the ontogeny of humoral responses because B cells expressing
different V region-identical isotypes with different specificities
could presumably respond to different Ags. The observation
that class switching of certain Abs can result in the acquisition
of reactivity for self Ags despite identical V regions suggests
that this phenomenon could contribute to certain pathological
autoimmune responses (5, 14). Finally, an understanding of
how C regions affect specificity is important for the development of therapeutic mAbs for immunotherapy, because the
choice of isotype and/or exchanging rodent and human C
domains to generate chimeric Abs could affect the binding
characteristics of engineered mAbs (4, 6). In this regard humanmouse chimeric Abs have been shown to differ in specificity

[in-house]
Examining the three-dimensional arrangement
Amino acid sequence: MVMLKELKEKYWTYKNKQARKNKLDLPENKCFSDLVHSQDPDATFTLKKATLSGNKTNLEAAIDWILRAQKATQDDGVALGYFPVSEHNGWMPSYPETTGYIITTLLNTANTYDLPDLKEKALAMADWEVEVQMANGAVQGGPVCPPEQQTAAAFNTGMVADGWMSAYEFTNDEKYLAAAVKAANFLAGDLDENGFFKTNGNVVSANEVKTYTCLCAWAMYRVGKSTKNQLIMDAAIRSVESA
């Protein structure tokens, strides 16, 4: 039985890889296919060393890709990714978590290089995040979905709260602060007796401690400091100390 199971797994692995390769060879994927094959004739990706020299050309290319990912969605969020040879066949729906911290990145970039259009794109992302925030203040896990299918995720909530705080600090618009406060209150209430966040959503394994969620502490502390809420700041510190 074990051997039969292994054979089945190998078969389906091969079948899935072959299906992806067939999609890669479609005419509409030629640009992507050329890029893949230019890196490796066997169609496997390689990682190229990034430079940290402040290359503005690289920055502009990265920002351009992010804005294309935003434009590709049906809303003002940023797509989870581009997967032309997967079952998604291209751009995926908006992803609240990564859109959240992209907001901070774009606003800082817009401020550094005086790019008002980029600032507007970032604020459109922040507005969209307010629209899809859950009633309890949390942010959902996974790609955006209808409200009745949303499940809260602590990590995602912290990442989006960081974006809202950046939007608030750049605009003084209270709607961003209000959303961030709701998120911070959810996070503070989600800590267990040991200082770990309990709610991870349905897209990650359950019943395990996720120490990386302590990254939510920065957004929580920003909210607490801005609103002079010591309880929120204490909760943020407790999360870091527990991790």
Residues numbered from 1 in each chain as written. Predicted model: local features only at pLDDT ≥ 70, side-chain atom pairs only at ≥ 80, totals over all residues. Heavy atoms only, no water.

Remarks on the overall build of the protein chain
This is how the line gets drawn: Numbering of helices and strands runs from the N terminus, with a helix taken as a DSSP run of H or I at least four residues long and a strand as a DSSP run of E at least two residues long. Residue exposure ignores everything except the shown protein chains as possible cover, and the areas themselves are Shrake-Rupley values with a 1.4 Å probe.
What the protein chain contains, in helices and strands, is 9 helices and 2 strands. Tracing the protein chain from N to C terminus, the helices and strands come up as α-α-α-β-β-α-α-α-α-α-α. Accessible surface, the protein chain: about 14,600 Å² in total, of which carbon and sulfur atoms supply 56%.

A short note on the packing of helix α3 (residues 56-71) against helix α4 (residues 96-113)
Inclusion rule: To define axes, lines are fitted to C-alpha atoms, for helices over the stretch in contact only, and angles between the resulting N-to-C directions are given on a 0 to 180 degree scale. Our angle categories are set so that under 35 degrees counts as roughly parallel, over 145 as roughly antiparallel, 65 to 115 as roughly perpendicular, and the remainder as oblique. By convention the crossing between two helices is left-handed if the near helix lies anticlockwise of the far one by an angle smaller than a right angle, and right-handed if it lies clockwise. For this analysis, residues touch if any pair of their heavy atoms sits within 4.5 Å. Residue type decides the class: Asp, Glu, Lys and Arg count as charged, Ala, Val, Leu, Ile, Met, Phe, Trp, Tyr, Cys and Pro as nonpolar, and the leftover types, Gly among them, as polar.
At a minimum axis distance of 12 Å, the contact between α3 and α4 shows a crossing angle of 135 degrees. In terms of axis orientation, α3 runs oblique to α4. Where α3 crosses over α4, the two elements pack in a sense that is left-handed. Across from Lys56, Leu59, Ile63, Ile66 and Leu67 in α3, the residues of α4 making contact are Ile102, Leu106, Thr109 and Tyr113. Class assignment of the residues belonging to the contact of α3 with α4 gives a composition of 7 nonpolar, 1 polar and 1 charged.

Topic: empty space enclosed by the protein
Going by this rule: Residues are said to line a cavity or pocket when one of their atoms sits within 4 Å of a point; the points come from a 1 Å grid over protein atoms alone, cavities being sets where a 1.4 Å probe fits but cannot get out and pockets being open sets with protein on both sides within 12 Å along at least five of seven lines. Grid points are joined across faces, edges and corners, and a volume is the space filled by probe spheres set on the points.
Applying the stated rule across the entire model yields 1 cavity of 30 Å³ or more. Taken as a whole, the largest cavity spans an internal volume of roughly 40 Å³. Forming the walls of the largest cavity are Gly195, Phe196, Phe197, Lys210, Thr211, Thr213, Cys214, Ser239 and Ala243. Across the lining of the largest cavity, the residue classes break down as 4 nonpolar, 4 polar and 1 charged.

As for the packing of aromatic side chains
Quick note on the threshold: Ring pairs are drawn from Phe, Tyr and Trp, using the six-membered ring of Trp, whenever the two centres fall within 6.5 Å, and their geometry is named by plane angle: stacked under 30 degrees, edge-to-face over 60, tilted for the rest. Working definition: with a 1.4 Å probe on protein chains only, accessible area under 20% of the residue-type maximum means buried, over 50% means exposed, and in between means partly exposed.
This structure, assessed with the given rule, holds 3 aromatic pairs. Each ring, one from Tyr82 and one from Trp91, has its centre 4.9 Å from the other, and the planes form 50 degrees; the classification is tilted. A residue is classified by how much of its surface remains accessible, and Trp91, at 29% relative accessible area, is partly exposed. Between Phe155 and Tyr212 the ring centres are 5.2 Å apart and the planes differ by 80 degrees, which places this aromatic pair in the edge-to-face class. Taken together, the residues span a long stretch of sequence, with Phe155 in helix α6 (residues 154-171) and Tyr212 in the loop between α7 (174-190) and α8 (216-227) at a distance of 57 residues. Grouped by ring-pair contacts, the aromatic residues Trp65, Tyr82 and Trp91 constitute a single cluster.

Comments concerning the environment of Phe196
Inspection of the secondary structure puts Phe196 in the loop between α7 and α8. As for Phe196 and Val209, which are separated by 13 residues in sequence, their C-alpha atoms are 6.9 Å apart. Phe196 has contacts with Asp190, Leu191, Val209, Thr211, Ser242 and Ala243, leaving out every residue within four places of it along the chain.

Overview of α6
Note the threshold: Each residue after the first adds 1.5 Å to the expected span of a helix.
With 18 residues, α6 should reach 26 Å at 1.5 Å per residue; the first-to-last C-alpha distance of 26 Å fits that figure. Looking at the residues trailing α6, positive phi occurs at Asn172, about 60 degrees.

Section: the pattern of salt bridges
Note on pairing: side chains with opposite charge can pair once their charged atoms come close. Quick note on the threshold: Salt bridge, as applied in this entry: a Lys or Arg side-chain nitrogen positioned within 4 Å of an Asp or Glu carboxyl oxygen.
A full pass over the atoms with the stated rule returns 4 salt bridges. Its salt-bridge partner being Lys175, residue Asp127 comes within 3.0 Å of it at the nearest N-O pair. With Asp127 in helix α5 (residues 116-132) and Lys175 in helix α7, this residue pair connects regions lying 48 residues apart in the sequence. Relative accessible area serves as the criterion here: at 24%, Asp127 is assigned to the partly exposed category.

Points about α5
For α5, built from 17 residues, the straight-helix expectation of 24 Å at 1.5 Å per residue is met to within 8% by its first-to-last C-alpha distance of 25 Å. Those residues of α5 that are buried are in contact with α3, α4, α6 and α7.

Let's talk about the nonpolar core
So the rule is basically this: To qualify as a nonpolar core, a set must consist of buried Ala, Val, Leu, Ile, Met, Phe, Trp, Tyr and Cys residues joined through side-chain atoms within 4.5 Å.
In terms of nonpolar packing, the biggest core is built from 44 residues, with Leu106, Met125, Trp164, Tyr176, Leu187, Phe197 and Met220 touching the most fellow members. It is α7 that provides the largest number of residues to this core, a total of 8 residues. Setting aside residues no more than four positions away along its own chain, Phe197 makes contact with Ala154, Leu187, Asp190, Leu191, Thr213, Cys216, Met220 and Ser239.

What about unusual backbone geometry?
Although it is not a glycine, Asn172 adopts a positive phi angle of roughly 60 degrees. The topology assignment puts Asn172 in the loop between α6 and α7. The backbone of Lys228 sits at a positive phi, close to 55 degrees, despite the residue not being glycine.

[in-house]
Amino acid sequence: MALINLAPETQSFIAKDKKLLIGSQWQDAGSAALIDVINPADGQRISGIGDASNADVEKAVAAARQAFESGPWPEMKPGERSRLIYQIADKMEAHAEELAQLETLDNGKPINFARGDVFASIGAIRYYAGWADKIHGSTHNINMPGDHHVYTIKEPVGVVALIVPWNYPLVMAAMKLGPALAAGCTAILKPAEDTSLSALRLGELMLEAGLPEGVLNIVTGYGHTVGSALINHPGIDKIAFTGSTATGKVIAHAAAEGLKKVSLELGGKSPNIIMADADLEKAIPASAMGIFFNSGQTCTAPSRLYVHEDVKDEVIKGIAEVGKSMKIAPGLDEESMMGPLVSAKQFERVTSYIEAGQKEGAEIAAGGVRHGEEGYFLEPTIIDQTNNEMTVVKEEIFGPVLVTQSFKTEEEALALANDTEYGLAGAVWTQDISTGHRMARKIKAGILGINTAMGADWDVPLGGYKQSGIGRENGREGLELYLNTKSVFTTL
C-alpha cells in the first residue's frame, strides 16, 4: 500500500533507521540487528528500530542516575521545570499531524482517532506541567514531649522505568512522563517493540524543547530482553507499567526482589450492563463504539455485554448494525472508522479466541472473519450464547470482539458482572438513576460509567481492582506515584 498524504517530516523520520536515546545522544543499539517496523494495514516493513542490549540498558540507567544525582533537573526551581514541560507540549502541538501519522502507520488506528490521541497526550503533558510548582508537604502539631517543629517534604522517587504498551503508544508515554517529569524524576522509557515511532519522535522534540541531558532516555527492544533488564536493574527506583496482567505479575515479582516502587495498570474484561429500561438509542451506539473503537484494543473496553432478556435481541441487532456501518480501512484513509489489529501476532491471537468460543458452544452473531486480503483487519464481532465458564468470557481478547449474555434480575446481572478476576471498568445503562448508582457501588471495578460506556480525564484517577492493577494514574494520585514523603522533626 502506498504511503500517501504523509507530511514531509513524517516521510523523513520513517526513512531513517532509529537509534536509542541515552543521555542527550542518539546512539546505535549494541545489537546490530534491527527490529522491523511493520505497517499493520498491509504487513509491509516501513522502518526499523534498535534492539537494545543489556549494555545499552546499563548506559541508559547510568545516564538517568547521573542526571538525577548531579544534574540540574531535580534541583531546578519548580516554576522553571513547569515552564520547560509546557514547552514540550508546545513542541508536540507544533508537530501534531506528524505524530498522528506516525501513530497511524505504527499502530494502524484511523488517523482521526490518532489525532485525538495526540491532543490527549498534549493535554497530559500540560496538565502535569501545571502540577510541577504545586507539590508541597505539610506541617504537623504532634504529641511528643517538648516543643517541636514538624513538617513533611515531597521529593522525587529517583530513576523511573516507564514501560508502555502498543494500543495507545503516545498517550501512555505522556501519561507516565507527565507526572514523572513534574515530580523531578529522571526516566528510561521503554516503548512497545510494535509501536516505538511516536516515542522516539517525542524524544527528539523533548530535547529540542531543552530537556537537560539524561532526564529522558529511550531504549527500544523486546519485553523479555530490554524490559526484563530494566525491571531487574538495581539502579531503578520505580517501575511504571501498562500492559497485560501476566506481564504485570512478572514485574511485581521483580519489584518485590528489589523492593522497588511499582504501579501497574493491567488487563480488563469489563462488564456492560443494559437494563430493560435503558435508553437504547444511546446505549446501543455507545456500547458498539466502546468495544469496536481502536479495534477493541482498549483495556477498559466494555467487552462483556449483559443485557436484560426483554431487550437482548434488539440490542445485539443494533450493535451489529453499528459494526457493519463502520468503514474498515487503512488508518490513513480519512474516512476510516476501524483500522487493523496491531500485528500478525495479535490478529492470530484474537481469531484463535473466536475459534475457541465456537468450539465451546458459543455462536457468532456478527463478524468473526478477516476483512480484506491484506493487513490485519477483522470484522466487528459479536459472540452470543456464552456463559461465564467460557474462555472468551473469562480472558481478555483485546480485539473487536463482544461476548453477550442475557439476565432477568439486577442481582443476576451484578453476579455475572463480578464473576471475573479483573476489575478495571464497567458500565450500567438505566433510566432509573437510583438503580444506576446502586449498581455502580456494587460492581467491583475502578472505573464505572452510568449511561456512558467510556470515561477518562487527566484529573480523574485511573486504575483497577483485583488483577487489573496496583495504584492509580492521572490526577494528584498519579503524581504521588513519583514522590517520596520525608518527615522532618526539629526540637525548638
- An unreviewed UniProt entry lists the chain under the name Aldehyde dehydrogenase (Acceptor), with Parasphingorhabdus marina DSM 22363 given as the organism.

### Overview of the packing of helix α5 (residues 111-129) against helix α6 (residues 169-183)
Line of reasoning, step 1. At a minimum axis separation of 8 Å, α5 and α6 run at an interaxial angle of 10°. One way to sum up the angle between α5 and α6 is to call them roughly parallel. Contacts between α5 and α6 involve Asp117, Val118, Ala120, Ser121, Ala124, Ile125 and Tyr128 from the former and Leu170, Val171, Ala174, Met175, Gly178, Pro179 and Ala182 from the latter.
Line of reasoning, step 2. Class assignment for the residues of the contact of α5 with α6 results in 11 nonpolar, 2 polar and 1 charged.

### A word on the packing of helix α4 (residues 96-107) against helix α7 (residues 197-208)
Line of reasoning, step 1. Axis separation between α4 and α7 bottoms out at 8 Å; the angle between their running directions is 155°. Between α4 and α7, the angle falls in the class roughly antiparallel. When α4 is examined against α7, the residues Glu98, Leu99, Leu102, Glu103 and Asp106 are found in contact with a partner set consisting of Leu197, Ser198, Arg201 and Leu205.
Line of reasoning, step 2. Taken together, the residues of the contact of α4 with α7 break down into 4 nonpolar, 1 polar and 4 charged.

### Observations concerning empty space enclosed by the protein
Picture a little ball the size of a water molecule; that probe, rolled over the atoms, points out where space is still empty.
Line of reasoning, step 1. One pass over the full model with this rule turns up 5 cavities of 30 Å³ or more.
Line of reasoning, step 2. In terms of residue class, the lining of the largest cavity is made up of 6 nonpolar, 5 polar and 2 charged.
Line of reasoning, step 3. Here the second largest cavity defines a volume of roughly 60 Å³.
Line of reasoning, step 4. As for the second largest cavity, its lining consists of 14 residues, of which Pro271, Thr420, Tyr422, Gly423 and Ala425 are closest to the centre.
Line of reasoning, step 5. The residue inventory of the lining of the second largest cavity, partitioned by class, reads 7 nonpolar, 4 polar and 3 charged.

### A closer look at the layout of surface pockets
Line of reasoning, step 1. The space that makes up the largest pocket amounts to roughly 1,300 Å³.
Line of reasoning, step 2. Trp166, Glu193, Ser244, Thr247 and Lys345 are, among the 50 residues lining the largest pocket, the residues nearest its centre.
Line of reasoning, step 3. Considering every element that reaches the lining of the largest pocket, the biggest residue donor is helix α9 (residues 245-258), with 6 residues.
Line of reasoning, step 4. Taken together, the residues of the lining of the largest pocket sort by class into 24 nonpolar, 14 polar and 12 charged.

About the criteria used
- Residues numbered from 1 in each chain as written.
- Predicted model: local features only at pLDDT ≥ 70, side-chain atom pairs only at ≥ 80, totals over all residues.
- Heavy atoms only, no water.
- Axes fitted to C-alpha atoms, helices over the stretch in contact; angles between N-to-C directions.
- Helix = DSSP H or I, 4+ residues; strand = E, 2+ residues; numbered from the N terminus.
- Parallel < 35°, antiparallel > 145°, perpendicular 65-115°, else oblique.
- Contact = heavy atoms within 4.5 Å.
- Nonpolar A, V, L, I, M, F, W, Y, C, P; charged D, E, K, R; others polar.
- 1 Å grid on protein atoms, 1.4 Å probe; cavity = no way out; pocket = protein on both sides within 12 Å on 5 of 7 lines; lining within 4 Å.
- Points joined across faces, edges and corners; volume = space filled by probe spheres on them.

from their parent murine Abs (6).
Previous studies done in our lab using four murine mAb isotypes, IgG1, IgG2a, IgG2b, and IgG3 suggest that the C region
imposes structural constraints on the V region that alter its
structure and/or ability to undergo a conformational change
upon Ag binding (7, 15–18). Thus, although they are identical
in sequence, the V regions of this group of mAbs may have
secondary structures capable of different interactions that
manifest themselves as changed fine specificity. This view is
supported by several lines of evidence. First, isotype switching
was accompanied by altered reactivity with anti-idiotypic
mAbs, implying a changed binding surface (19). Other groups
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The finding that the antibody (Ab) constant (C) region can
influence fine specificity suggests that isotype switching contributes to the generation of Ab diversity and idiotype restriction. Despite the centrality of this observation for diverse immunological effects such as vaccine responses, isotype-restricted
antibody responses, and the origin of primary and secondary